User of Crop.

(3)

In regard to the right to eat grapes or ears of corn in the master's field, the Mishnah (B. M. vii. 2-8) says: "The following eat according to Scripture: He that works on what is affixed to the ground eats at the time of finishing the work; he that works on what is separated from the ground eats before the work is complete [for after that it is subject to tithe] of those things which grow from the earth [which excludes esculent roots]." But those engaged in milking or cheese-making, for instance, do not eat of the produce they are handling. "He whose work is among figs has no right to eat from the grapes, or vice versa; but the man may restrain his appetite until he comes to the finest fruit." All this applies to men at ordinary work; but when the workmen are engaged in bringing back some of the master's lost property, they may eat while going from furrow to furrow, or while returning from the wine- or oil-press, or from what is on a beast of burden which they are unloading. The workman may eat cucumbers, or dates, or the like, irrespective of their market value; but he should be taught not to act greedily and thereby "close the door upon himself." The workman may, for a sum of money, surrender his right to eat, either on his own behalf, or on behalf of his wife, or of his grown children or slaves, but not on behalf of his infant children or infant slaves, or of his beasts.

Those that watch the crops are according to Scripture not permitted to eat, but by custom are, nevertheless, allowed to do so. When one man watches the fields of several owners he may satisfy his hunger from the field of one alone (B. M. 87-93).

(4)

Elsewhere (B. M. vi. 1-2) the Mishnah speaks of mechanics ("umanin"), ass-drivers, and teamsters, the hirer being not a master mechanic or master carrier, but a householder ("ba'al ha-bayit") who employs them in his own affairs. If, in the case of the hirer and the mechanic, one has led the other into error, the latter has no remedy beyond a "rebuke" ("tar'umet"). In the Gemara two possible cases of this sort are mentioned. In one the householder sends one workman to employ others, and the workman so sent engages them either at higher wages than authorized (which, of course, does not bind the employer), or at lower wages, which, to their loss, they accept. In the other, after work is begun, the master (or the workmen) refuses to continue. But where an ass-driver or teamster is hired under pressing circumstances, as for a wedding or a funeral, or where workmen are hired to bring in flax from the tanks, or to do similar tasks involving perishable matter, and they refuse to continue (after beginning the work), the hirer may employ others at the cost of the workmen so refusing, to the extent of the whole wage or any part thereof.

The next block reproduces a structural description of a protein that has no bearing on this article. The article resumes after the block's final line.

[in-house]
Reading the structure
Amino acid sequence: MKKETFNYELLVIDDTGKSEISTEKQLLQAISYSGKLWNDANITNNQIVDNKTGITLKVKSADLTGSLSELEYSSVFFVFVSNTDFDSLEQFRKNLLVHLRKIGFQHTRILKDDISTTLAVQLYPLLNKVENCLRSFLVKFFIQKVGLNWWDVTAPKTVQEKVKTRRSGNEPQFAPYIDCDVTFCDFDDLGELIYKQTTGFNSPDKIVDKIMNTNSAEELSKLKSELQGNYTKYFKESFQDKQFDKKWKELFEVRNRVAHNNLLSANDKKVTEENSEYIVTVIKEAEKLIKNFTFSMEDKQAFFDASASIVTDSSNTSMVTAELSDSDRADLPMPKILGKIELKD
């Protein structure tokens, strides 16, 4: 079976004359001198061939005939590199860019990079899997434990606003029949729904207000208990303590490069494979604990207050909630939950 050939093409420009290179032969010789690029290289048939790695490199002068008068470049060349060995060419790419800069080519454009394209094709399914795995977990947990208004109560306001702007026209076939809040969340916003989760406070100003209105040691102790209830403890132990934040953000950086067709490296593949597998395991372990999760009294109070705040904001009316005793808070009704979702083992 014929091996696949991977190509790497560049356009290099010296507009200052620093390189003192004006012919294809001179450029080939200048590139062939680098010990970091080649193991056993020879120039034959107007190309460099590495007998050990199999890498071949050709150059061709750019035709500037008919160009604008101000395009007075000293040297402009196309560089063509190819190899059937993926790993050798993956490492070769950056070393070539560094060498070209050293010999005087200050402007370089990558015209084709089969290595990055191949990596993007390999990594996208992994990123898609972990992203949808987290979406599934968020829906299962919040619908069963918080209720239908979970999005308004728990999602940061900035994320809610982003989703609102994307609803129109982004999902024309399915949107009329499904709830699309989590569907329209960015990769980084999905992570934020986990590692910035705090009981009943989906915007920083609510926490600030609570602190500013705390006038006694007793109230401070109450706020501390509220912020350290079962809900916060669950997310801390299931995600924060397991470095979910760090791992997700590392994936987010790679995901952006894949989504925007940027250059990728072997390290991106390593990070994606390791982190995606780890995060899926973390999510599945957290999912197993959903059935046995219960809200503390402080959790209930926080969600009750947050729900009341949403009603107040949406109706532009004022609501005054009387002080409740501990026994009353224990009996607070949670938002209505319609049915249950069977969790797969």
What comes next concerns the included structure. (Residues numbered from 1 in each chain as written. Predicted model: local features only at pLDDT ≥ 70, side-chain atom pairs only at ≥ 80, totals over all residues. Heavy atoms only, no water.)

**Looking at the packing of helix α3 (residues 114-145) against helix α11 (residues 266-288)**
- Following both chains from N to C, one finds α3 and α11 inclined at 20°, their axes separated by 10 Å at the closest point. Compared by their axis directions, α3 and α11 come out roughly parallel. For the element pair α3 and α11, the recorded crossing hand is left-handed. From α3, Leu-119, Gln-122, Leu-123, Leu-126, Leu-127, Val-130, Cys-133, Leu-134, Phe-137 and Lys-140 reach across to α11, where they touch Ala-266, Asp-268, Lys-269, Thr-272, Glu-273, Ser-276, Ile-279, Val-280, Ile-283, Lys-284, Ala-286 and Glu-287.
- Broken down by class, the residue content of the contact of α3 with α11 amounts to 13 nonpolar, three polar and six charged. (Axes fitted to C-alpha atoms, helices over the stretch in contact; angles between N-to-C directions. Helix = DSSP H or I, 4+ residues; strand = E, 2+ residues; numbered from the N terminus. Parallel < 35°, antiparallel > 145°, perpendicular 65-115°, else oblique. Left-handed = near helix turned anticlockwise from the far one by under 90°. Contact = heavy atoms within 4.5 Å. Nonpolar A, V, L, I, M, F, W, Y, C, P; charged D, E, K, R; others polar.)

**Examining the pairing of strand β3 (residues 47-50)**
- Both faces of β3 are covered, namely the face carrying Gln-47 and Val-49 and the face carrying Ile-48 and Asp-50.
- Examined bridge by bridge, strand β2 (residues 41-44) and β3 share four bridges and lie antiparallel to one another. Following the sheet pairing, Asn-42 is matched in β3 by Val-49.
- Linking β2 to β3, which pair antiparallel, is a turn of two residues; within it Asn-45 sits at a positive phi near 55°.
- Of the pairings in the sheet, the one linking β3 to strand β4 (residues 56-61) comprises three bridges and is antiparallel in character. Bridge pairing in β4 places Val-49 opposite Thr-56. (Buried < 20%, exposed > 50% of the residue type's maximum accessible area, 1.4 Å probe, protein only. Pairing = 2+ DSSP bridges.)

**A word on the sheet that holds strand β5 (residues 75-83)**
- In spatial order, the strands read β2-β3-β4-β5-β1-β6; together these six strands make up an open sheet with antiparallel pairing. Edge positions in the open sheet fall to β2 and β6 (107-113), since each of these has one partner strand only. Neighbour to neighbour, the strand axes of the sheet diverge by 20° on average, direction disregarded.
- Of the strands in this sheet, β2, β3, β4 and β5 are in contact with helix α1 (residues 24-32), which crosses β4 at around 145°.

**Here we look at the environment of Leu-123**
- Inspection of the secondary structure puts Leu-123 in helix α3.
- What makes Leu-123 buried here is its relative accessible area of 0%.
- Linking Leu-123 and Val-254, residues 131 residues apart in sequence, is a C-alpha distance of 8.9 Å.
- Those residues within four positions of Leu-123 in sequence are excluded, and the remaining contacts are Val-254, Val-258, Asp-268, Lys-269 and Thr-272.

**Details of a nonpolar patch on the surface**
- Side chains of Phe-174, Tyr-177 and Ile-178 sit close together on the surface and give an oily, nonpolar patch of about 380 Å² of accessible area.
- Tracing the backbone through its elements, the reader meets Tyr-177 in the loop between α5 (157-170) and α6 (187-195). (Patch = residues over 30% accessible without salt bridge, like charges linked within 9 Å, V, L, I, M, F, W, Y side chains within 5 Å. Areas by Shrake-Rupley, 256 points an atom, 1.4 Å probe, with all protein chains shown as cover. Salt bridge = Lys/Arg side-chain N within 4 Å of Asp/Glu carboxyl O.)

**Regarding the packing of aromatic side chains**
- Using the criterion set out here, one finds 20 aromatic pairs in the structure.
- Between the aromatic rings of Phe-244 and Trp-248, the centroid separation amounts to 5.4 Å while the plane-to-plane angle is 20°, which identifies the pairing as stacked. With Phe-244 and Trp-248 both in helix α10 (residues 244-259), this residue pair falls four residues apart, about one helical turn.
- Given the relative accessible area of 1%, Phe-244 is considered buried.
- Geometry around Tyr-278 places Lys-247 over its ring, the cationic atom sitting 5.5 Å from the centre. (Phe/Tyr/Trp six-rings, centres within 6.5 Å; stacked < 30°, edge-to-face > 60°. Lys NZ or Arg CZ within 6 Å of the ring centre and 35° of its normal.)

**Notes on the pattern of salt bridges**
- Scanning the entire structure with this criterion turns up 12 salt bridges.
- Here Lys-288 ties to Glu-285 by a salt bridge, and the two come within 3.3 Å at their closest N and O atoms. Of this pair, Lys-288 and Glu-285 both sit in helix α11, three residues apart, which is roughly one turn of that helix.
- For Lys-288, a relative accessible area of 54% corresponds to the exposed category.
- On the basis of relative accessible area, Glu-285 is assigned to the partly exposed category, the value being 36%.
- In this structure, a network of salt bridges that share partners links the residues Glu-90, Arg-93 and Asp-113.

Mechanics.

When the mechanics who have been employed refuse to continue with the work (after doing part) they are at a disadvantage; the hirer may take out of their wages all the cost of employing others, even though the rate of wages has risen; but if the householder refuses to continue he is at a disadvantage; that is, he must pay them for what they have done plus the whole contract-price for the future work, less what it would cost to hire others, even though the rate of wages has fallen in the interval. In general, whoever recedes from a contract is at a disadvantage (lit. "his hand is the lower"). These rules naturally would apply to husbandry also (B. M. 75a; B. B. 153a).

(5)

Whenever a workman in plying his trade has in his charge any chattel or animal of his employer, his liability for loss or damage is measured by that of a "keeper for hire" (B. M. vi. 6). See Bailments.

Bibliography: Maimonides, Yad, Sekirut, ix.; Caro, Shulḥan 'Aruk, Ḥoshen Mishpaṭ, 311-319.

This entry includes text from the Jewish Encyclopedia, 1906.
Facts about Master and ServantRDF feed

Simple English

A servant or domestic worker is someone who works for somebody to help them to run their home. Many servants live in their employers’ homes. A century or more ago all large households in Europe or the United States, as well as other countries, would have had servants. A servant is not the same a slave, because slaves were forced to work for people. A servant is employed by somebody, and therefore servants get paid. They are free to leave their employment if they wish. Many servants are required by their employer to wear a uniform when being in their employer's home.

In large households in Britain there would have been a lot of servants. The butler was the most important one. At meal times he would have been something like a head waiter. Male servants were often called “valets”. A valet (a French word, pronounced with a silent “t”), may have been a personal servant who looked after his master’s clothes and comforts, and possibly looked after money matters as well. Female servants were usually maids who cleaned the house, cooks who prepared the meals and nannies who looked after the children. Gardeners would have done the gardening.

Although servants were not slaves, many of them in history were often treated badly. In the early 20th century new laws were made in Britain to protect servants and give them more rights. In the 18th century even musicians were servants and had to wear livery (uniform). In 1717, when the great composer Johann Sebastian Bach said he wanted to leave his job, the duke he worked for put him in prison.

Today in many parts of the world domestic workers from poorer countries are often employed by people in the richer countries.